The other wires from the Engine Management Relay are :

    Pin 1 - ( Yellow with Slate Grey Tracer ) +12V from ECU  Pin B31 
    Pin 2 - ( Black ) Ground
    Pin 4 - ( Also Brown and Pink ) 12V supply to various sensors - see below.

    In operation, when the Ignition is switched ON the ECU provides +12V to Pin 1 of the Relay,
    energising it and closing the contacts between Pin 3 ( +12V from Fusebox ) and Pin 4.

    Pin 4 provides +12V to the following :

    • Pin 1 of the Cooling Fan Relay
    • Purge Valve
    • Oxygen Sensor
    • Windscreen Motor
    • Injectors
    • Secondary Air Injection Solenoid
    • Coil 1
    • Coil 2
    • Coil 3

    Any of the above could be the cause of the Fuse blowing.

    Probably the easiest to check is to pull the Cooling Fan ( Relay No.3 - See below image ),
    and start the engine.  If the engine runs without the Fuse blowing
    then suspect the Cooling Fan Relay to be faulty.
    ( Note that on the World of Triumph Parts list, it shows all 4 relays as being the same ! ).

    Hope some of this helps you to identify what's wrong !

    Cheers  :821:

    Last Edit: Mar 30, 2020, 04.33 pm by Coconut

  • Offline nigelrtaylor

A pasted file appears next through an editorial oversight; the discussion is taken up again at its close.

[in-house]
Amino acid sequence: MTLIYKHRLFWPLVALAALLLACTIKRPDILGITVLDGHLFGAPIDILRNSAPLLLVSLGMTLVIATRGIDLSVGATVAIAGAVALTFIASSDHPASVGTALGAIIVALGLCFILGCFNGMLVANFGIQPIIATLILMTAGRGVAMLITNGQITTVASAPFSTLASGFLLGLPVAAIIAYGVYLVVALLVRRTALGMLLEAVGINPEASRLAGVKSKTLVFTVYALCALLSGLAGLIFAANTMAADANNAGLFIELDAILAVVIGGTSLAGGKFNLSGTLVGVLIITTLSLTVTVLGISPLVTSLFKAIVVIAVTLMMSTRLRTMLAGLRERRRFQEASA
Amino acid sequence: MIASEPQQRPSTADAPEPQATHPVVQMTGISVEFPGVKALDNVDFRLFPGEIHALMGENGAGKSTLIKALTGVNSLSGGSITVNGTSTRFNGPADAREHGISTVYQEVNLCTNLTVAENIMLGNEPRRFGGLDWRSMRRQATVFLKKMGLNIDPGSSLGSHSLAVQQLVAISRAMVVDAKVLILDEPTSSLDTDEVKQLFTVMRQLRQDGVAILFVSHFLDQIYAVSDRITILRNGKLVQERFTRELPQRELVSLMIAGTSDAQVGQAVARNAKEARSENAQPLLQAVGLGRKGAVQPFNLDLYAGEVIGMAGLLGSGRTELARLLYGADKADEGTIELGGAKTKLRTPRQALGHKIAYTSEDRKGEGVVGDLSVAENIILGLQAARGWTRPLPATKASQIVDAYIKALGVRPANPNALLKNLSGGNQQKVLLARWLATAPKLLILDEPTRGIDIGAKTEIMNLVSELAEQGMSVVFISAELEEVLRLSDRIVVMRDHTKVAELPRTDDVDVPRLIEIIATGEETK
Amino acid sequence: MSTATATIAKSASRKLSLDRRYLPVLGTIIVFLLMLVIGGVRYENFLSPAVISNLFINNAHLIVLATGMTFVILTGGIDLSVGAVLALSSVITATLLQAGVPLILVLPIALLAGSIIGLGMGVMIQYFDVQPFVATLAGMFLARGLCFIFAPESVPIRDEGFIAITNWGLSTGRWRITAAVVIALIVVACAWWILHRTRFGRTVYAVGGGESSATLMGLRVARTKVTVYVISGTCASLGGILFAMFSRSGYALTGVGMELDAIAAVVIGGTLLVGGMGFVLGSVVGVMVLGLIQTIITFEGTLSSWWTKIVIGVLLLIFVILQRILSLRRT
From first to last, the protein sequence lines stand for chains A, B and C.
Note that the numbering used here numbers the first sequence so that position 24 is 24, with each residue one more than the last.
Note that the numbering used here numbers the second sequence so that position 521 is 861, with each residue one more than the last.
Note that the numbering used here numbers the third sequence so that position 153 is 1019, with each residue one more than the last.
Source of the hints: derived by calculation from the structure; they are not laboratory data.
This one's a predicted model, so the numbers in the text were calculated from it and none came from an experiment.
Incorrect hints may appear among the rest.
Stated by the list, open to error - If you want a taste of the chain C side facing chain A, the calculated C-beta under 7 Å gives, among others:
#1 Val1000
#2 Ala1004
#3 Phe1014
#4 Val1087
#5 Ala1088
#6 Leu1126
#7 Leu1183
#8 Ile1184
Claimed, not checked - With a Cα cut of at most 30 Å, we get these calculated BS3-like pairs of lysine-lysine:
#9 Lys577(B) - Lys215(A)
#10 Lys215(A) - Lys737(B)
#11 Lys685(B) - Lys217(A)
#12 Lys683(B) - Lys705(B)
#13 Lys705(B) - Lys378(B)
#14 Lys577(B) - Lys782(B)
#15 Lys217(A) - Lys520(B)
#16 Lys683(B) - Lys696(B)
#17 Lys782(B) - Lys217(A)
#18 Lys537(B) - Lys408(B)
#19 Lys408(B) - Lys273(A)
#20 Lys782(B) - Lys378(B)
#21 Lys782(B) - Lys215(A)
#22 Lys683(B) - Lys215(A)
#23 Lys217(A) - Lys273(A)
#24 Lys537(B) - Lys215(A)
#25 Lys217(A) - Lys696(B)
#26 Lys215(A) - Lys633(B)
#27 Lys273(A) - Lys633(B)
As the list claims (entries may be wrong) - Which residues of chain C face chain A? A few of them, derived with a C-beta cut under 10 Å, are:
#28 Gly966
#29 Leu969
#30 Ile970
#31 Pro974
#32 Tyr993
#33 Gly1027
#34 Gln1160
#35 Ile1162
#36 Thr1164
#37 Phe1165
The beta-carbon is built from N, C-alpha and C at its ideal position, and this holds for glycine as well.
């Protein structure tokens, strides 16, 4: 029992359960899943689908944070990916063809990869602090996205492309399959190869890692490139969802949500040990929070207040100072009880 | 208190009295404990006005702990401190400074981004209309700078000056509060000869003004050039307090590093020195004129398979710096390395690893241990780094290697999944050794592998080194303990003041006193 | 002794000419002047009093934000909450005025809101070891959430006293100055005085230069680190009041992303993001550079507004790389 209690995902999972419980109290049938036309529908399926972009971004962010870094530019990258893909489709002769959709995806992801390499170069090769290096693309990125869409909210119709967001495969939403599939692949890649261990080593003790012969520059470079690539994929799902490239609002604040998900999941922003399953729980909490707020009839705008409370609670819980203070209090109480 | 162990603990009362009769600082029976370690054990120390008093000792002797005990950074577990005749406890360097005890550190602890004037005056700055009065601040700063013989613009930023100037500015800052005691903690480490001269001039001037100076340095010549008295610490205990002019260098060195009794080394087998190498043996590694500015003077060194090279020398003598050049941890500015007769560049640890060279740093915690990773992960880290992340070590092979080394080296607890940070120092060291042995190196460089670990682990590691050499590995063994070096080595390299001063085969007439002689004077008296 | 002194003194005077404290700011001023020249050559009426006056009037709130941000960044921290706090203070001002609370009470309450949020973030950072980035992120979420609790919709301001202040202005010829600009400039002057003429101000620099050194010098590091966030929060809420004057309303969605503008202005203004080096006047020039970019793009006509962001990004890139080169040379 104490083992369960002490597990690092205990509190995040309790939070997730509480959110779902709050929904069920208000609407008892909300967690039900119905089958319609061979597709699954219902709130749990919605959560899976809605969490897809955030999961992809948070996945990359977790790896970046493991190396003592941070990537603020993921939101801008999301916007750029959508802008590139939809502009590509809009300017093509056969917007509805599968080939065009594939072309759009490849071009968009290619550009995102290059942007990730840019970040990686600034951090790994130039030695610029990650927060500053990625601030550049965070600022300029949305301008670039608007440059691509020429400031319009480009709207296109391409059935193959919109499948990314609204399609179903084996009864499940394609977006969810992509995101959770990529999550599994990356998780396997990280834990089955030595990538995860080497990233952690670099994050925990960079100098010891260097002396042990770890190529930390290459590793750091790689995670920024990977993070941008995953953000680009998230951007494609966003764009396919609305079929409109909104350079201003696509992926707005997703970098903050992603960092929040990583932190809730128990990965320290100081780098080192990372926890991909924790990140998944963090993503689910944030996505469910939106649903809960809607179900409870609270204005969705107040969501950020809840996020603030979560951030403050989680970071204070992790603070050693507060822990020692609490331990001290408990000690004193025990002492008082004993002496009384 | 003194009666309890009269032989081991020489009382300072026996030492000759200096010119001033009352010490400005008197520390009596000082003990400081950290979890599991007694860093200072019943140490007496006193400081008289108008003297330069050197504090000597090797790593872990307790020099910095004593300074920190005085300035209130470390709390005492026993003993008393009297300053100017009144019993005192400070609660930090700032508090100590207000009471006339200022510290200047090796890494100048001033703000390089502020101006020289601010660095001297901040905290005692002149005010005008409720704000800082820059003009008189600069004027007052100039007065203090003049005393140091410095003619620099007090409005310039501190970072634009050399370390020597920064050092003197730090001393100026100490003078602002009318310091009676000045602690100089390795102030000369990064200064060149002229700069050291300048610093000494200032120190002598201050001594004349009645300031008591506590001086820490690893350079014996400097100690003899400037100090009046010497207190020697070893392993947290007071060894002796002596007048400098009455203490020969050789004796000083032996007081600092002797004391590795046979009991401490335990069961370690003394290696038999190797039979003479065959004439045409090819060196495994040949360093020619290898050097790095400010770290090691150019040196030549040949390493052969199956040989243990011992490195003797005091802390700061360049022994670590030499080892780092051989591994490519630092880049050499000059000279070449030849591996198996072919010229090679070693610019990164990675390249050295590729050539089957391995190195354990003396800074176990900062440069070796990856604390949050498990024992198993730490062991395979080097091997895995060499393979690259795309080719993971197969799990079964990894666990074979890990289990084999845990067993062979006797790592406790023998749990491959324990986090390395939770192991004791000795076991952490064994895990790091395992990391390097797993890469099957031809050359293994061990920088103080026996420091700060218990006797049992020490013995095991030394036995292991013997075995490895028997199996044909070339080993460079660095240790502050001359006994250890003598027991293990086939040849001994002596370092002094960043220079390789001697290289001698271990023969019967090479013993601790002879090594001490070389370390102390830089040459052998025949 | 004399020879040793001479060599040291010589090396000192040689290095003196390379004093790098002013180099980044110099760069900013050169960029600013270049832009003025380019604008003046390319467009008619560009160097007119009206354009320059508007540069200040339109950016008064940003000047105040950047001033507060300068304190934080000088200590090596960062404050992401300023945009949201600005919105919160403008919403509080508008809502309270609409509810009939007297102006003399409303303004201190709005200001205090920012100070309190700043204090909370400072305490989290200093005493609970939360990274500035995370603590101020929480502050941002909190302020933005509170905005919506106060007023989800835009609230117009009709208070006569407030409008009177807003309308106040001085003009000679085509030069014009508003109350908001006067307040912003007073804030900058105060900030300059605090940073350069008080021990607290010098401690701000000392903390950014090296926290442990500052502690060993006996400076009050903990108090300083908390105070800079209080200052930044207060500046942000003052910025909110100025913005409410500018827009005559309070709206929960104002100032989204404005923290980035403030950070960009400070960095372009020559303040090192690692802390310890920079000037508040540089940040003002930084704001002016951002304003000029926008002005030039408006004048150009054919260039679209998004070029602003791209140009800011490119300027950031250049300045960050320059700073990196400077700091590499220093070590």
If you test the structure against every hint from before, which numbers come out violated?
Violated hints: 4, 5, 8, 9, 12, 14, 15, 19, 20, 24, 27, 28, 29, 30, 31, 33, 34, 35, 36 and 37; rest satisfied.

• Ex Member
    • Trophy Member  ‐    56
    • *
    • Topic Author
    • #2

    Offline nigelrtaylor

    • Ex Member
    • Trophy Member
    • *
    • Topic Author
    • Posts: 56
    Re: Engine management fuse blowing
    Reply #2 on: Jul 15, 2017, 08.49 pm
    Jul 15, 2017, 08.49 pm
    Coconut, you are a hero. Thank you for the research.  I've run out of 15A fuses just now so will try your suggested diagnostics on Monday when I have a stock of fuses. I'm comfortable with vehicle electrics so happy to try the various swapping of relays. Thanks for the wiring diagram.

    I do hope it's a faulty relay as a replacement Ecu sounds expensive.

  • Offline Coconut   gb

    • Trophy God  ‐    10004
    • *****
      #3

    Offline Coconut

    • Trophy God
    • *****
    • Posts: 10004
    • Bike: 2017 Trophy SE
    • City / Town: South Birmingham
    • Country: gb
    Re: Engine management fuse blowing
    Reply #3 on: Jul 15, 2017, 09.17 pm
    Jul 15, 2017, 09.17 pm